Tuesday, December 29, 2009
I did it! I made a trial run first, and learned from a few of my minor mistakes, but I tackled what I thought might be one of the trickiest things to make - a Bûche de Noël - and I came out victorious. The end result was a delicious and moist chocolate cake soaked with brandy and espresso, filled with a coffee-flavored whipped cream and ricotta filling with small, toothsome bits of dark chocolate, and the whole thing was covered with chocolate ganache. It was a lovely and yummy, and it actually tasted better as it aged in the fridge!
This was my first time making a genoise. I wasn't familiar with this type of a cake, as everything I'd done before had been a variation on the standard creamed butter and egg cake batter that goes into a 9" round pan and bakes for 40 minutes. I didn't know how it was going to roll without cracking, that confounded me. And I was wary of the syrup, having had only a single, and disastrous, experience with soaking a cake (I ended up with a flattened, soggy cake, ew). And I didn't think tiramisu counted, since the ladyfingers were purchased and therefore already a little dried out (did you know ladyfingers were piped genoise? I didn't!). But after all was said and done, it was pretty straightforward.
I won't lie, this took time. You have to pay attention, and be careful, especially with the cake batter. All its loft comes from egg whites, and you can't deflate them so you must whip, whip, whip then fold, fold, fold, gently. But on the plus side, the cake bakes and cools very quickly, so in 30 minutes your cake is ready for filling and rolling. I think if I made this again, if I could time it very well, I could do it all in about 2.5 hours. And that includes making my own ricotta! I could definitely keep it in under 2 hours if I skipped that step.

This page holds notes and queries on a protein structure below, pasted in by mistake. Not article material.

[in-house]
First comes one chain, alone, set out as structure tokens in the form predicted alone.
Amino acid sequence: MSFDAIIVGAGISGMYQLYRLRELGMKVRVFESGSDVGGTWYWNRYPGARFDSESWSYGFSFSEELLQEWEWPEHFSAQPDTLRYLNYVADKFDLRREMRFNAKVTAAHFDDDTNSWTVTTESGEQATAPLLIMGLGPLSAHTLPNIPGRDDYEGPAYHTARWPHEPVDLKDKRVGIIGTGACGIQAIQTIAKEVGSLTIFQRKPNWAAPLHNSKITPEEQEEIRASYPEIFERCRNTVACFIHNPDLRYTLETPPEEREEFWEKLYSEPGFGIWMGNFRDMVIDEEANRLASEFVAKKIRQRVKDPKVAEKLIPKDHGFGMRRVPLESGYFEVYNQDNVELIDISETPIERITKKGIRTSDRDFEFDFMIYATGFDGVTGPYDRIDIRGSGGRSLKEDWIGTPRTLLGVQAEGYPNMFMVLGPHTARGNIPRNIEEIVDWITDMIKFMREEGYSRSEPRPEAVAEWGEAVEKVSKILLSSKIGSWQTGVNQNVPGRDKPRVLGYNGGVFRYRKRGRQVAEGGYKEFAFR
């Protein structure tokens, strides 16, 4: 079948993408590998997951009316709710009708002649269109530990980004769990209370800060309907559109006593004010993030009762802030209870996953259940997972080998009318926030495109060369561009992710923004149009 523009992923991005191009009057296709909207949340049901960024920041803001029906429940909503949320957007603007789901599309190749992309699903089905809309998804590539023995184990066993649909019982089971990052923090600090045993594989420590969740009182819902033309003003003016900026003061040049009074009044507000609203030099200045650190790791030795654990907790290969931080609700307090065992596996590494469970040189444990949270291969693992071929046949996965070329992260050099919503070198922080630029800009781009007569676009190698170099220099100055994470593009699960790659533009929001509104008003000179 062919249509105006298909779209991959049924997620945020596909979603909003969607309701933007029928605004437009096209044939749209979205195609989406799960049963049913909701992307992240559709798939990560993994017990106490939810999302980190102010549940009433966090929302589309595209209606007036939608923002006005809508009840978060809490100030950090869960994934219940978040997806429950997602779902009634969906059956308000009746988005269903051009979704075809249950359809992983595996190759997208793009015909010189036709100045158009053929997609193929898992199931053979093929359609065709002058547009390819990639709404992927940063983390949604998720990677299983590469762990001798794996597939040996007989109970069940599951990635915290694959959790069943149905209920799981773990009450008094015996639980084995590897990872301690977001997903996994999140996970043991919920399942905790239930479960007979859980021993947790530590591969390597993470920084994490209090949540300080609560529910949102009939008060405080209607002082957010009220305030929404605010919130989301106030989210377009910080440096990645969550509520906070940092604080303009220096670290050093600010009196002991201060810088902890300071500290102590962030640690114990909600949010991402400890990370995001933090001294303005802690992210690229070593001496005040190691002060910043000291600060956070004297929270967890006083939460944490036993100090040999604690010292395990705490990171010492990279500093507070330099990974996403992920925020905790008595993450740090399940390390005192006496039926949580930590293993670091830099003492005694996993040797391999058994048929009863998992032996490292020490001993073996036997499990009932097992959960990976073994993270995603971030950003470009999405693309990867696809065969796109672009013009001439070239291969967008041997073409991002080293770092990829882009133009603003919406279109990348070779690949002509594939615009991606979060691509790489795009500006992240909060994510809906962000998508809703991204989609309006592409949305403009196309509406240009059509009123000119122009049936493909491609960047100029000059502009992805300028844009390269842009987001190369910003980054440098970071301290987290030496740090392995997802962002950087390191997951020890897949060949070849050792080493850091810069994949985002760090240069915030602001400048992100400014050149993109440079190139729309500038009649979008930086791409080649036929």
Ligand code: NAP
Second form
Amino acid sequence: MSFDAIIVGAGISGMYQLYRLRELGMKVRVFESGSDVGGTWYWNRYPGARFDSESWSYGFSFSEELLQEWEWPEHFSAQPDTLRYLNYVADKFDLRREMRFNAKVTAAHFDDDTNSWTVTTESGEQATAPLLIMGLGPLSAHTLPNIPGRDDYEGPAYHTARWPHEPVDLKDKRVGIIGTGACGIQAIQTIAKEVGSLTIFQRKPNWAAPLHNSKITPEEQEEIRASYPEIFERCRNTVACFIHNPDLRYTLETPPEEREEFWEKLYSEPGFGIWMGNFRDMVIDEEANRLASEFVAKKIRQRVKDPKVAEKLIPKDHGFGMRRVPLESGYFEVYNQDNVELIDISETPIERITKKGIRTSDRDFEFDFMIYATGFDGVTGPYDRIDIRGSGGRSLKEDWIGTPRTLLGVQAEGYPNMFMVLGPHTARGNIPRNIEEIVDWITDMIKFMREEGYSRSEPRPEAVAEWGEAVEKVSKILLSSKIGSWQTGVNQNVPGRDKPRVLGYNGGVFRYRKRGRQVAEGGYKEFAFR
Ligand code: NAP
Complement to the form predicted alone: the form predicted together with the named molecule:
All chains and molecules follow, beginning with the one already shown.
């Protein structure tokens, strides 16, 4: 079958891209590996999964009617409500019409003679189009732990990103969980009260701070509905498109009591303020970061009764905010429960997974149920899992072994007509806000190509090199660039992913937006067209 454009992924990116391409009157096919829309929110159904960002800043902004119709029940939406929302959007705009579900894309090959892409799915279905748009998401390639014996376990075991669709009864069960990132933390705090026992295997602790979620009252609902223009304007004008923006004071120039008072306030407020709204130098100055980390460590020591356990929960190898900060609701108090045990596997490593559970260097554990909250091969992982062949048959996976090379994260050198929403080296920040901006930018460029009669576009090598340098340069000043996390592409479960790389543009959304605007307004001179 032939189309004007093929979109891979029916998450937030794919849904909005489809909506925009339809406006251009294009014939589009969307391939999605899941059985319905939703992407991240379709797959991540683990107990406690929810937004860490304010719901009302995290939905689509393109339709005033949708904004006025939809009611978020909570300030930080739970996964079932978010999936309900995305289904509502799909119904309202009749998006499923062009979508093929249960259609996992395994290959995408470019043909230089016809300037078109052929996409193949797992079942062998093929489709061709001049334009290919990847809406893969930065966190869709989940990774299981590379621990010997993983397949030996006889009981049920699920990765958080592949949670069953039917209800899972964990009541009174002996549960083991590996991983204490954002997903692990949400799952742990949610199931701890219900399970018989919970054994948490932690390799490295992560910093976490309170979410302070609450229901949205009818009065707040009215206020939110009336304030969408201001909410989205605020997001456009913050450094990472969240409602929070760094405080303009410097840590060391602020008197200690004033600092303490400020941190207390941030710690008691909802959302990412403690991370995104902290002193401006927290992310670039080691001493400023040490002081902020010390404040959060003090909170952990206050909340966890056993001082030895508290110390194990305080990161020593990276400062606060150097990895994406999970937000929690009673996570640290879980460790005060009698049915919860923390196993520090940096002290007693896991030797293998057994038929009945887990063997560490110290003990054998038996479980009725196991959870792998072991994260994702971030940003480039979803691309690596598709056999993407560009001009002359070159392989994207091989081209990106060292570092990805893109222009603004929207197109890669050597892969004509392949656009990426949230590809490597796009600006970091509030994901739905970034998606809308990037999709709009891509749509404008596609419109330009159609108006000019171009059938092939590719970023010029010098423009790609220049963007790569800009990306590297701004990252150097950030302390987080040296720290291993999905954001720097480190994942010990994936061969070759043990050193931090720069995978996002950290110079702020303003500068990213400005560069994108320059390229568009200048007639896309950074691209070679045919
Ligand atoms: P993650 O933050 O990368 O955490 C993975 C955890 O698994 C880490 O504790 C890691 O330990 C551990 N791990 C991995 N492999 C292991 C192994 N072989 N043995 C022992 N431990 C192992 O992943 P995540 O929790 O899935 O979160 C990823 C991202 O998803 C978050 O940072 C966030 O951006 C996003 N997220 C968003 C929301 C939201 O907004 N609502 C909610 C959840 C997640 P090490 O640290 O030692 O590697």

So here's what I did -
Cake: cocoa genoise, baked and cooled. Moistened with syrup (I didn't use all the syrup).
Syrup: 1/3 cup sugar, 1/3 cup water, heated and cooled, then added 1 TB espresso powder, 2 TB brandy.
Filling: Approx 1 cup ricotta, whipped with powdered sugar (2-3 TB). 1 cup heavy cream, whipped with powdered sugar and vanilla, whipped to soft peaks, added 1/4 tsp gelatin dissolved in 1 TB water, then whipped to firm peaks. Mix the ricotta into the whip cream and whip some more until combined. I then added coffee liqueur (a couple TB) and finely chopped dark chocolate.
Ganache: 7oz semisweet chocolate chips + 2 TB butter, added 1/4 cup almost boiling cream, stir, let cool, then frost when thickened but still spreadable. The trick for the great tree-bark texture is to glop it on rather thickly with big uneven swirls, then run a fork through, creating a nice pine-bark texture.
The Final Touches: The ornaments were fairly simple. I found some rather plump dried cherries and soaked them in heated brandy (you can just zap it in the microwave for a few). The mushrooms were purchased marzipan, shaped and dusted with cocoa. For the leaves, I used some Thai lime leaves from the freezer, and generously smeared the underside with melted semi-sweet chocolate. Then I let them cool, and just peeled the leaves away when the chocolate solidified. All of these can be made ahead of time and stored in an airtight container in the fridge for a few days.
All in all, it went smoothly, and I can't wait until next year, when I will try a different flavor combination - if my family lets me!